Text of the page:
“Objects in the mirror are closer than they appear.” This cautionary advice in a car’s side-view mirror ensures that there is no error in judgment while driving. If you drive the Indian education policy road, you will understand that “policies on paper are farther from ground realities”. Education policies that should have galvanised the country into action have been refrigerated in cold storage—the colder they get, the deeper is the education crisis. More pronounced in higher education. Result: India continues to be plagued with systemic deficiencies that strangulate its education ecosystem instead of oxygenating it.
“If you are planning for a year, sow a seed; if it is for 10 years, plant a tree, and for 100 years, teach the people.” This Confucian ideology believed that an enlightened human society forms the fundamental bedrock for a nation’s development. The Confucian vs Confusing gap is clearly visible from the Chinese march over India due to its strategic and calibrated growth of education at all levels. Result: PISA scores place China way ahead of India in the school education. Repeatedly, ASER studies expose the falling standards of Indian school education, which is more enrolment and less enlightenment-driven. The higher education scene is equally deplorable with it being McDonaldised—IITs and IIMs opening up at a rate faster than McDonald’s franchises and other higher
education institutions churning out students with a certificate to exit campus and not to enter career. Less talked about is the deplorable state of other non-professional higher educational institutions. The status of skills education is counter-directional. The current engineering:diploma institutions ratio is 1.5:1 as against a desired 1:3. This is disproportionate considering the availability of job opportunities for skilled workforce than for professional graduates.
All forms of education lack the visionary perspective to build a long-term sustainable road map for Indian education. Nani Palkhivala succinctly summed this state of Indian policymaking when he said: “We try to solve century-old problems with five-year plans, three-year officials and one-year budgets, and still hope that the problems will be solved as we are all Indians.” How long can we continue to rest on the greatness of our past when the entire world awaits India’s announcement for its future demographic assets that has the propensity to not only solve India’s problems but also the world’s?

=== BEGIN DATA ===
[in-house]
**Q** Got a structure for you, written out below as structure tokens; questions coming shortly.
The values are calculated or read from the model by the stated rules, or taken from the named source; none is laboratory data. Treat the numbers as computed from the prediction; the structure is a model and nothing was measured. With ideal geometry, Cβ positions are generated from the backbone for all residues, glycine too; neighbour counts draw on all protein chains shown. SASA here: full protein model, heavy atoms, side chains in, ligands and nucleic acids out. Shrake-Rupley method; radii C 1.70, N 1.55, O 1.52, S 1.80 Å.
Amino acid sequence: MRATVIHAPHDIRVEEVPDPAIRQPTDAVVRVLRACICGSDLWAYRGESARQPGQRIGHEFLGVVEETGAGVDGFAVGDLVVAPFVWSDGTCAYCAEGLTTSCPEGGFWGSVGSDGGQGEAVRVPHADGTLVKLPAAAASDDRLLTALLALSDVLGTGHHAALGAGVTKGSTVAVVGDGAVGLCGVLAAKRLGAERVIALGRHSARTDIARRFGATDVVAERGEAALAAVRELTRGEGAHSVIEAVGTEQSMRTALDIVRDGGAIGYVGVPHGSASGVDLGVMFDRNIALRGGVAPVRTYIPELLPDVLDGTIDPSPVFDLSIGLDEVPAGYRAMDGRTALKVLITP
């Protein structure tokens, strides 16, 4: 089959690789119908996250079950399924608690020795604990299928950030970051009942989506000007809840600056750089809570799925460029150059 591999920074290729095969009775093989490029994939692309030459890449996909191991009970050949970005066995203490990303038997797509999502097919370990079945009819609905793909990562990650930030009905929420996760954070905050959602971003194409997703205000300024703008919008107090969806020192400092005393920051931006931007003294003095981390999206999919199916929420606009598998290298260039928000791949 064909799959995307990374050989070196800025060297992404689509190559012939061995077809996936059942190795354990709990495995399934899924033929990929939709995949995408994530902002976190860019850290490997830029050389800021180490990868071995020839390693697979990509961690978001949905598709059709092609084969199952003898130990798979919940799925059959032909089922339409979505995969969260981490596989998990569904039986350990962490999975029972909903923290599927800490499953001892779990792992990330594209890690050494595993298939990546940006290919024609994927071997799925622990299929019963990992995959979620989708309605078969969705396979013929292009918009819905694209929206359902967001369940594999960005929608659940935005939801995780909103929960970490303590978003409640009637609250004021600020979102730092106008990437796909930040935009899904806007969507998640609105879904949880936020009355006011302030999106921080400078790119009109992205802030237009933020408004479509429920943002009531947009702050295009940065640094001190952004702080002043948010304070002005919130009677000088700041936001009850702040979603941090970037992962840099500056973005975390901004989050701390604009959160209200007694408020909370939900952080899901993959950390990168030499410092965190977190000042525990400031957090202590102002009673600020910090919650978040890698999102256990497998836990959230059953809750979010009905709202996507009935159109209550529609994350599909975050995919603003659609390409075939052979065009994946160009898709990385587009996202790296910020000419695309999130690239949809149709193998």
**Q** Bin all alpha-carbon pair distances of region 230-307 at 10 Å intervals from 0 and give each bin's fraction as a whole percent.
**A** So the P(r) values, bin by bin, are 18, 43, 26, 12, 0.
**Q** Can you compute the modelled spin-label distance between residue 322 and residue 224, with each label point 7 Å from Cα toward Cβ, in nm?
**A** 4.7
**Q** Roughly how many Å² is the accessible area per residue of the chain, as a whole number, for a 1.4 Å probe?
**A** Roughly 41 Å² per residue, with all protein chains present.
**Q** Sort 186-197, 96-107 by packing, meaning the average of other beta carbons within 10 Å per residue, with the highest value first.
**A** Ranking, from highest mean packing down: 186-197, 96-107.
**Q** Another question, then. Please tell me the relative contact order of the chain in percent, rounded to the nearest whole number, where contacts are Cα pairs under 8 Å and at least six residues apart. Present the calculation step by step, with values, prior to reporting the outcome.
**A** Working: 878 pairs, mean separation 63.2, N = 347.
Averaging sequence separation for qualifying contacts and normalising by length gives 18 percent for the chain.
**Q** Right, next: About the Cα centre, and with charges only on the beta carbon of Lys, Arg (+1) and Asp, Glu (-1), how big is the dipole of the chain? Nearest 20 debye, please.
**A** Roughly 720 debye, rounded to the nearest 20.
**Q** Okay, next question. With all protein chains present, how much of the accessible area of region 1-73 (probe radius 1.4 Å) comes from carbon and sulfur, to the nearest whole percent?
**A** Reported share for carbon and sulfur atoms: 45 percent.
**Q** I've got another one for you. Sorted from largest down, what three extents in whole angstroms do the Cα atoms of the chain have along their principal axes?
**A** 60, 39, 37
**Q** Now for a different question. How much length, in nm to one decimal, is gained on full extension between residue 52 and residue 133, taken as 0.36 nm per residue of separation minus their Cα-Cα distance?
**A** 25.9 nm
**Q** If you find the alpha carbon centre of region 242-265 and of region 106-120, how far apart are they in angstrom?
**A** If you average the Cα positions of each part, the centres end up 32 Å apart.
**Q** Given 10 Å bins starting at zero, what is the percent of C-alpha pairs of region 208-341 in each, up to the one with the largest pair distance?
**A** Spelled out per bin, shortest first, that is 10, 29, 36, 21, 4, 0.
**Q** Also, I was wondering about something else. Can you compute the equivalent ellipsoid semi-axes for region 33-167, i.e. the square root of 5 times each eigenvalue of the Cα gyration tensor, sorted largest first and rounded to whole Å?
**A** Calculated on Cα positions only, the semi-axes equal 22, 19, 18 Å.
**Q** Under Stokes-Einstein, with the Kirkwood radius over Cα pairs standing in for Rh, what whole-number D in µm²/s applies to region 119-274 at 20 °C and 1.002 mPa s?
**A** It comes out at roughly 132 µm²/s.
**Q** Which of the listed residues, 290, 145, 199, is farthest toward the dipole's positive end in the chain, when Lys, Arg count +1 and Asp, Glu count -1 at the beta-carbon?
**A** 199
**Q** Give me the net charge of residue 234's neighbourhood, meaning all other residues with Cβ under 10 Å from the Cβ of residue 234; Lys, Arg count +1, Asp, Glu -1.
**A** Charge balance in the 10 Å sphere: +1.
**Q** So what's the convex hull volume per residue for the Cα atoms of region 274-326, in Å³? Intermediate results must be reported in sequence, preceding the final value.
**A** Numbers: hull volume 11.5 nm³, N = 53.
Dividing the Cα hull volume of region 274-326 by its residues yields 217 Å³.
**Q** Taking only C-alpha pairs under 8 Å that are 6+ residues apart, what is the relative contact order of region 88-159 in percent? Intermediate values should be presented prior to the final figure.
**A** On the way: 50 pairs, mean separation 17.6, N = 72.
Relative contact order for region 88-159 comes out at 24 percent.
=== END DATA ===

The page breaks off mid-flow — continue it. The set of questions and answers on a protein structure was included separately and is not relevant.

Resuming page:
It is high time that the much-needed policy-oxygenation revives the entire Indian education system to move from the current mindless massification of school and higher education that is excessively driven by expansion and inclusivity with scant regard to quality. A positively disruptive long-term model is necessary to break the regimental shackles at all levels—from KG to PhD—and encourage an outcome-based approach instead of the existing outlay-based ones. Year after year, policymakers in many of their chest-beating annual rituals provide increased allocation of financial resources for education. Still, UNESCO puts India among the lowest per-capita education spenders. An outcome-based approach is doable and China has demonstrated through its state-sponsored yet forward moving educational policies. India, not through state-sponsored but through a multi-dimensional integrated framework, needs to build a coherent synergy among all education stakeholders—both at the Centre and state levels.
Photogenic policymaking will only appear as headlines in the media to give way for the next day’s. The refrigerated Indian educational policy material that has undergone a cryogenic study needs a pyrogenic push that can heat it up to convert headlines to history. To create global history, Indian education needs a plan for the next 50 years, not just five years. email@example.com
The writer is Dean, Planning & Development, SASTRA University